The Sentimental Novel
The sentimental novel, also known as the domestic novel, deviated from the literary norms established by such authors as Herman Melville, Henry David Thoreau, and Mark Twain to focus on the intimate details of women's private lives during the nineteenth century. A form of literature which was most popular in early and mid-nineteenth century America, the sentimental novel is traditionally dismissed in literary histories, though works such as Susan Warner's The Wide, Wide World (1850), Harriet Beecher Stowe's Uncle Tom's Cabin (1852), and Maria Cummins' The Lamplighter (1854) were at one time among the most popular publications in American letters.
The sentimental novel has historical roots in Europe, particularly in Samuel Richardson's Clarissa; or, The History of a Young Lady (1747-48) and Pamela; or, Virtue Rewarded (1740), both of which tell of men seducing virtuous women. American authors in the early nineteenth century replicated and amplified this theme, though later domestic novels expanded the variety of conflicts and protagonists: the unique social, spiritual, political, and economic circumstances of nineteenth-century America conditioned the issues that confronted the female characters and the ways in which such issues were resolved. Sentimental novels appealed primarily to female and middle-class readers who, in colonial and Revolutionary America, were taught to read in order to teach their sons democratic ideals. This idea of influential republican motherhood evolved into the "cult of domesticity," in which women were the guardians of spirituality and virtue, and which is embodied in the domestic novels' morally pure protagonists—such as Little Eva, from Uncle Tom's Cabin, and Eliza Wharton, from The Coquette (1797).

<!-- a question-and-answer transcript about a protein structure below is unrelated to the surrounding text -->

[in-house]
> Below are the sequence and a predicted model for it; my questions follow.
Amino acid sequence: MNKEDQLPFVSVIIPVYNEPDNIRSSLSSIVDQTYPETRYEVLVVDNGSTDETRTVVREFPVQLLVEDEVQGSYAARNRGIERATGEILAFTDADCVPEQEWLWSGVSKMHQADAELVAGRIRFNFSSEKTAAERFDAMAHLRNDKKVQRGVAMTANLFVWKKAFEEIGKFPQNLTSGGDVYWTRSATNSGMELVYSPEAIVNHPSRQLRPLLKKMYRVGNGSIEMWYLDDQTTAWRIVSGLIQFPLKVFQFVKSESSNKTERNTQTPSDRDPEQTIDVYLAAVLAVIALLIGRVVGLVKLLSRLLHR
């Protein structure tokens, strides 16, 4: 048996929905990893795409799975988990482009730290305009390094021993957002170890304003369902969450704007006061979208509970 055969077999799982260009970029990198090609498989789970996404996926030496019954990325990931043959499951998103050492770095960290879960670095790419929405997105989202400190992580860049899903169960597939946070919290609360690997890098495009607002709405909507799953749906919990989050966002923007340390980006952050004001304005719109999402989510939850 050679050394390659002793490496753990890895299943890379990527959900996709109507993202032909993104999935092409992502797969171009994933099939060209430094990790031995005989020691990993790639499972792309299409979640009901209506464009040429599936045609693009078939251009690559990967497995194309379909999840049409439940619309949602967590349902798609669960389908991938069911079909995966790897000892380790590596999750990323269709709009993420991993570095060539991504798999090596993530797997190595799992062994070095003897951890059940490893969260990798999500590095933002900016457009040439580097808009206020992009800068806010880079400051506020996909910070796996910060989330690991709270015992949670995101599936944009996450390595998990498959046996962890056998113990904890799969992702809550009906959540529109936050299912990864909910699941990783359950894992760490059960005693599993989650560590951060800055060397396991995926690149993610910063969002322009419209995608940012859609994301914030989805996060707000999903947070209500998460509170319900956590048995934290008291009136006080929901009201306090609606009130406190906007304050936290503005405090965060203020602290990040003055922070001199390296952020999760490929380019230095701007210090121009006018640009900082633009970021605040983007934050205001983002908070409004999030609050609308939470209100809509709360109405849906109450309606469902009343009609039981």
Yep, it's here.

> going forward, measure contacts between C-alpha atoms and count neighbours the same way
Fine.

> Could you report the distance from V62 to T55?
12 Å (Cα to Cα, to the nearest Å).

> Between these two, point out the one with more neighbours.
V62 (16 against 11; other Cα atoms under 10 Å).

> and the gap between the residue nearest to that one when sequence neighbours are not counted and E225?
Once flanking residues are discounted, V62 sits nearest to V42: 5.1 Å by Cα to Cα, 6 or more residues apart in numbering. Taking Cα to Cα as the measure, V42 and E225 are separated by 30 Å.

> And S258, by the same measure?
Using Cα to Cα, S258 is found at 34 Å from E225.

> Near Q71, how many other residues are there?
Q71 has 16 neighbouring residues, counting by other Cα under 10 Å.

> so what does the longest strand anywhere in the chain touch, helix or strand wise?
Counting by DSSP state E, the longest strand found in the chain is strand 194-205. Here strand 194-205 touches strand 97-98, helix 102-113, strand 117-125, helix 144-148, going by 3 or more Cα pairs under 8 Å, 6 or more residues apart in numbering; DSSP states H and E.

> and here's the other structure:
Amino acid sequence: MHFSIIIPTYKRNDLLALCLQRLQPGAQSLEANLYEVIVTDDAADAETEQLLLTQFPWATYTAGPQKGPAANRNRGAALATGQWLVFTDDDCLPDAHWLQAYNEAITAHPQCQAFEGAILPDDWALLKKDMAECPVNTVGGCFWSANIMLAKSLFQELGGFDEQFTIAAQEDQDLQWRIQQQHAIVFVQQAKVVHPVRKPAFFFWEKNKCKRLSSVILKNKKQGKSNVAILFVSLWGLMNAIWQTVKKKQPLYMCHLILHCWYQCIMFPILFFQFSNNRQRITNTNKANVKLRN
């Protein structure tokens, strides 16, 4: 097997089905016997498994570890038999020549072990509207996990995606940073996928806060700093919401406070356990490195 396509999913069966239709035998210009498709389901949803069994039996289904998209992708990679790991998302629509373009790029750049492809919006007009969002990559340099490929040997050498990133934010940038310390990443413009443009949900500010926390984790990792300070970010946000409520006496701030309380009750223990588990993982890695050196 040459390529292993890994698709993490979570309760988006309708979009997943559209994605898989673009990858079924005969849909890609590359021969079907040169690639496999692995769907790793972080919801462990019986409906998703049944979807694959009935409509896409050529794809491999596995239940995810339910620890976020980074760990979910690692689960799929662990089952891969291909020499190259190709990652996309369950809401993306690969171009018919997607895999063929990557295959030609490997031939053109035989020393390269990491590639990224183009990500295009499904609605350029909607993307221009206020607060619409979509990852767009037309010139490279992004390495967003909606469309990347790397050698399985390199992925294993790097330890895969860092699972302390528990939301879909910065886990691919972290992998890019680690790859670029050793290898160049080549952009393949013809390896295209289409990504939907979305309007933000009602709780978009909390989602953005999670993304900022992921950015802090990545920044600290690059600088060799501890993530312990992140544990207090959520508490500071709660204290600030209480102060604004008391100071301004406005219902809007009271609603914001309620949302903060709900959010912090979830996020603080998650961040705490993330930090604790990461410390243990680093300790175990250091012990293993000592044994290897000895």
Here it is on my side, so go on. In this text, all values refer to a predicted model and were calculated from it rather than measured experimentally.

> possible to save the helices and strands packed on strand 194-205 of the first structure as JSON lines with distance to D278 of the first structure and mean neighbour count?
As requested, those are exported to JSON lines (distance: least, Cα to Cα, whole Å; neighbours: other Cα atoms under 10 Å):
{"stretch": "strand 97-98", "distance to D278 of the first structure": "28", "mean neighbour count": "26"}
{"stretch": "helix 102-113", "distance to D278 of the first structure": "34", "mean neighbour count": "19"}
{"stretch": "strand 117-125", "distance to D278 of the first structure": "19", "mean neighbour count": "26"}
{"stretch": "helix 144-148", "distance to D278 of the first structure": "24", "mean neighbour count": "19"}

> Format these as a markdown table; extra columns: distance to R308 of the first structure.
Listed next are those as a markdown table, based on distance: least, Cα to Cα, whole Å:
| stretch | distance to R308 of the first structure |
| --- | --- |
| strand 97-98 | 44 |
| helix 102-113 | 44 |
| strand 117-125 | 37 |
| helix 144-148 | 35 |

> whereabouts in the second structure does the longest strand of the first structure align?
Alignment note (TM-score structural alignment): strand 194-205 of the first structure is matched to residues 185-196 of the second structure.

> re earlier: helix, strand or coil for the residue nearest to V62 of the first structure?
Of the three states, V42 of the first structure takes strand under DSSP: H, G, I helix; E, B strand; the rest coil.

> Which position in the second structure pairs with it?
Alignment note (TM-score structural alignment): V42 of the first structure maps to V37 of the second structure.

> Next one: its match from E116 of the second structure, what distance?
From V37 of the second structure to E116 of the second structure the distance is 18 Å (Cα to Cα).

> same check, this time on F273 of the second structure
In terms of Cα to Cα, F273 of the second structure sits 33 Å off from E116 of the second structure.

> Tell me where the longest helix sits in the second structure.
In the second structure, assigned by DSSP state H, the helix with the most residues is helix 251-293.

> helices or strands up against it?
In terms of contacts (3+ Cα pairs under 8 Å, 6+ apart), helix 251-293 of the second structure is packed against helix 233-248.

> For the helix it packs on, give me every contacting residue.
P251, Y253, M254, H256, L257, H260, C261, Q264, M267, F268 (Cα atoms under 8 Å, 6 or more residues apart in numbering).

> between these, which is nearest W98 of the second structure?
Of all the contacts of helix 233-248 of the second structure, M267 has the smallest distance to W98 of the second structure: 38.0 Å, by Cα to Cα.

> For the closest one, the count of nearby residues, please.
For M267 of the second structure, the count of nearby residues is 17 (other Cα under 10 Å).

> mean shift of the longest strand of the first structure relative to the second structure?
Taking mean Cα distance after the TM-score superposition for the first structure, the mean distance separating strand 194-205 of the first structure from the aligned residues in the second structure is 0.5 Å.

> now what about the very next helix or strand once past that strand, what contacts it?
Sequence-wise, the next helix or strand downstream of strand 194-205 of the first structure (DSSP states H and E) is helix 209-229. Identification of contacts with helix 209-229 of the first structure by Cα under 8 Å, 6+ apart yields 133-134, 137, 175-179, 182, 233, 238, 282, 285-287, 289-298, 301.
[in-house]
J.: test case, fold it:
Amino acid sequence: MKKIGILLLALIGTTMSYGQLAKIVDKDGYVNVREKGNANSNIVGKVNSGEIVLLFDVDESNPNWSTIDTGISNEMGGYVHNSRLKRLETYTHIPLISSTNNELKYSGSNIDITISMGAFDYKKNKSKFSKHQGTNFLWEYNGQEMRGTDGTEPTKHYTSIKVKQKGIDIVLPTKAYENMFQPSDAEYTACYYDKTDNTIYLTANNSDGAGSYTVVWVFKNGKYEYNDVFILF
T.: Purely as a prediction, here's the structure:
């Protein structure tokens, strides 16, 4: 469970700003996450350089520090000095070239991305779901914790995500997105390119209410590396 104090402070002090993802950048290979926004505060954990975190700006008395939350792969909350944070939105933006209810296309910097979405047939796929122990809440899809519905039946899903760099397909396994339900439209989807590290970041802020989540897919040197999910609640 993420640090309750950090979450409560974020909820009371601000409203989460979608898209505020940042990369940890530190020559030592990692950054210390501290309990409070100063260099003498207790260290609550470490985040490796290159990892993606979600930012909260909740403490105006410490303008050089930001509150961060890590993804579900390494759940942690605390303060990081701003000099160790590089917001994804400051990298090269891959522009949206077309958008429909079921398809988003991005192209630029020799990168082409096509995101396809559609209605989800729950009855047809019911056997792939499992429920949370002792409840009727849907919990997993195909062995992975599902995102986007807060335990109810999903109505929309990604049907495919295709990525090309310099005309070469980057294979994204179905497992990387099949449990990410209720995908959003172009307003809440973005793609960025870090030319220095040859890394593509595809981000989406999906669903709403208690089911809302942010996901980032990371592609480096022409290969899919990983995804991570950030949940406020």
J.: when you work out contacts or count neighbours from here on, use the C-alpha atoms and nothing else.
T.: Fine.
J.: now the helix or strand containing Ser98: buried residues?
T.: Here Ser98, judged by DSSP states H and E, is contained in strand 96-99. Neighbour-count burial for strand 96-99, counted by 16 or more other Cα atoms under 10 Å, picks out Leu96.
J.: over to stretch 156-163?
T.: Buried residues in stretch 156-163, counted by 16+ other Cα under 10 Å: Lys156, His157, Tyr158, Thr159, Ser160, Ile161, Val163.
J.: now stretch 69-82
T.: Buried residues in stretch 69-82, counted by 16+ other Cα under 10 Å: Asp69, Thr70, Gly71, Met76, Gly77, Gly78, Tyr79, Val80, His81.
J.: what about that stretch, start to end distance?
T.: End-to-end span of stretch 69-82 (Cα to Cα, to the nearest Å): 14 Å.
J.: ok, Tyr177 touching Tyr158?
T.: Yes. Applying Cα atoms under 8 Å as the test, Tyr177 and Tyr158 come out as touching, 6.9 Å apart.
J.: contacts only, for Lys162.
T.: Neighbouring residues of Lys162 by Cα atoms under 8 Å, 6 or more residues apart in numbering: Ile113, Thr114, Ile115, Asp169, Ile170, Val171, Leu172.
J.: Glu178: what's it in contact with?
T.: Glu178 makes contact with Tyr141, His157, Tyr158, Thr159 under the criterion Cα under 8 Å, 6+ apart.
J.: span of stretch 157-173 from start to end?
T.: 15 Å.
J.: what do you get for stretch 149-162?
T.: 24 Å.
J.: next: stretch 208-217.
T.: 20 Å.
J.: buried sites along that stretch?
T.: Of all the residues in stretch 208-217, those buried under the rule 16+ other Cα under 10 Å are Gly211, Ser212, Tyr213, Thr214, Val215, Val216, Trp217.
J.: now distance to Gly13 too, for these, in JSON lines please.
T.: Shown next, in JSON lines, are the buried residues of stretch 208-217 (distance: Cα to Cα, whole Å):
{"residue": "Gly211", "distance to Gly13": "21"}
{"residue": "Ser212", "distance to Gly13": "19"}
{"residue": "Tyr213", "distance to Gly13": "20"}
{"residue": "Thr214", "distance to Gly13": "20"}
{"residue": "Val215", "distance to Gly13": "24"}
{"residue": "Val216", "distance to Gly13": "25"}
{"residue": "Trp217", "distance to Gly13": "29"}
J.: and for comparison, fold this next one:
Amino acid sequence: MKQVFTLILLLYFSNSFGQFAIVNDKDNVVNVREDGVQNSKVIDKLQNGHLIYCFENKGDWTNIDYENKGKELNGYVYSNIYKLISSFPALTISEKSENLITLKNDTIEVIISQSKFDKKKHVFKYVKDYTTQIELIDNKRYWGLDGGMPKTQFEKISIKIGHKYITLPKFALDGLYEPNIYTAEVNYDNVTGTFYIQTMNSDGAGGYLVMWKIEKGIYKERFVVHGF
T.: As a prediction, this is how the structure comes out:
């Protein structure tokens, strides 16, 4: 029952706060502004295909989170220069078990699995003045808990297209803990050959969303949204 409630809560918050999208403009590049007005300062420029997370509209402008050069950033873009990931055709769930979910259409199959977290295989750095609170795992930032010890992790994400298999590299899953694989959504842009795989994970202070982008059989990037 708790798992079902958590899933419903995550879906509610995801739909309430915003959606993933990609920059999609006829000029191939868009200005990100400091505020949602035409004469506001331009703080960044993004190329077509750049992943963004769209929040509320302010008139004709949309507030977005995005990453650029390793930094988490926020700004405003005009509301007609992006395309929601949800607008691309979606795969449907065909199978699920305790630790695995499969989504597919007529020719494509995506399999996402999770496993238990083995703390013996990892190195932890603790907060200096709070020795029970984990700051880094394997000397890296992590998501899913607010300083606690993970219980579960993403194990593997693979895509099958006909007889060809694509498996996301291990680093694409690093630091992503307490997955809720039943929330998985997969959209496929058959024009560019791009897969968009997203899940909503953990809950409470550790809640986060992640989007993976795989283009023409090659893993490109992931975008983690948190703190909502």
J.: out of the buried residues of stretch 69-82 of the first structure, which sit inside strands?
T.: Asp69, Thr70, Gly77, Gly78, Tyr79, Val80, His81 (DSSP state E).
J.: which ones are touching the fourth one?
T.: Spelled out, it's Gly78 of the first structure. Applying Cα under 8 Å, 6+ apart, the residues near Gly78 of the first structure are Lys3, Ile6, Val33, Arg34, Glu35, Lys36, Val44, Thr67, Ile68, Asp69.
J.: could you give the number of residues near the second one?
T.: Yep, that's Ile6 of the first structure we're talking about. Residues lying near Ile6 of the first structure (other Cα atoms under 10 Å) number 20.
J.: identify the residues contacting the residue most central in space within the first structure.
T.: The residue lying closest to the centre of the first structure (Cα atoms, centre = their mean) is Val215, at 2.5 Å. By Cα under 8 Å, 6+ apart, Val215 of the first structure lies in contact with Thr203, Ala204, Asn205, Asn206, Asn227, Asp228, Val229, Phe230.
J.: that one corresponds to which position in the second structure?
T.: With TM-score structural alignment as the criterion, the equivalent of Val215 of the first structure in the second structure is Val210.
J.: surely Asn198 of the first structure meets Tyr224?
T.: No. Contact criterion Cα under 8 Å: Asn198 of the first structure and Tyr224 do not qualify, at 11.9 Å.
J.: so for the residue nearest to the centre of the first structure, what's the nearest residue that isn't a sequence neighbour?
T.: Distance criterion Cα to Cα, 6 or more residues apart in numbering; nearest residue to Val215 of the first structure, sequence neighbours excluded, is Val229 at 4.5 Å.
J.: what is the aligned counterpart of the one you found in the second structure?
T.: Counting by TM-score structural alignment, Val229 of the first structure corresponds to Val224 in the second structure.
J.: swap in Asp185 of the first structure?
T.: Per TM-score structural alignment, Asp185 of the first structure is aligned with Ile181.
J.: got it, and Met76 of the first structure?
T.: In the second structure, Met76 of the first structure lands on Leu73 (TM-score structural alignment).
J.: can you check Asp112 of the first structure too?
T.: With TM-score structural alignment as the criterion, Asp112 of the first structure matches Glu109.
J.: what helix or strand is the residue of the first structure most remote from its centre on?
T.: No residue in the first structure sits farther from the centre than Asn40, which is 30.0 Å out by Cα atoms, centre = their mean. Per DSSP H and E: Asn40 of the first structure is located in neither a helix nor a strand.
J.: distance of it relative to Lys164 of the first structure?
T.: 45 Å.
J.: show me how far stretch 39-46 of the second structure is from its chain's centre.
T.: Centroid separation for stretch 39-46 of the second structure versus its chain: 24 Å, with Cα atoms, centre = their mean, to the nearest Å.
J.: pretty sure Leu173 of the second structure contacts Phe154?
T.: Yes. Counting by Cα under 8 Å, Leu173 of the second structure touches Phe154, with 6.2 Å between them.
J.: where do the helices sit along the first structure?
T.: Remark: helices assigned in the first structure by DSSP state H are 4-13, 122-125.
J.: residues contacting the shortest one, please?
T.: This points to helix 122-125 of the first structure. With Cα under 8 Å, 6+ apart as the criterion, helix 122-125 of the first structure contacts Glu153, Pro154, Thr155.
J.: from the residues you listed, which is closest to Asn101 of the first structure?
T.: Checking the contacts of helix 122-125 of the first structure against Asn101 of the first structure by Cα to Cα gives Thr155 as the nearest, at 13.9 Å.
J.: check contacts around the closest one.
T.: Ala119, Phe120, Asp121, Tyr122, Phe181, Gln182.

Sentimental novels are traditionally contrasted with the writings of Melville, Thoreau, and Nathaniel Hawthorne, who exalted individuals who transgress against cultural conventions. The historical identification of the sentimental novel with the "feminization" of American, and especially Southern, culture reinforces the criticism that these works uncritically replicate conventional ideas and values. But the identification of women as protectors of the family links sentimental novelists with abolitionism, which often argued against slavery by noting its destructive impact upon families, and with other political movements such as prohibition. Consequently, some recent critics argue that domestic novels are less formulaic than initially perceived, and have interpreted them as expressions of proto-feminism and as attempts to celebrate the traditional role of women in society.
Despite the common criticism that sentimental fiction portrays an idealized account of domestic life, authors frequently insisted that their stories were grounded in reality, and feminist theorists such as Jane Tompkins and Cathy N. Davidson have challenged the idea that domestic novels are merely romantic and idealistic. Instead, these critics contend that the novels portray issues and characters that were relevant to nineteenth-century women—familial relations, issues of dependence and independence, and definitions of virtue and femininity. Although mundane and conventional behavior frequently dominates the private world represented in the domestic novel, the genre lends insight into both the cult of domesticity and the resistance to that ideal that emerged from the increased education of women under American republicanism.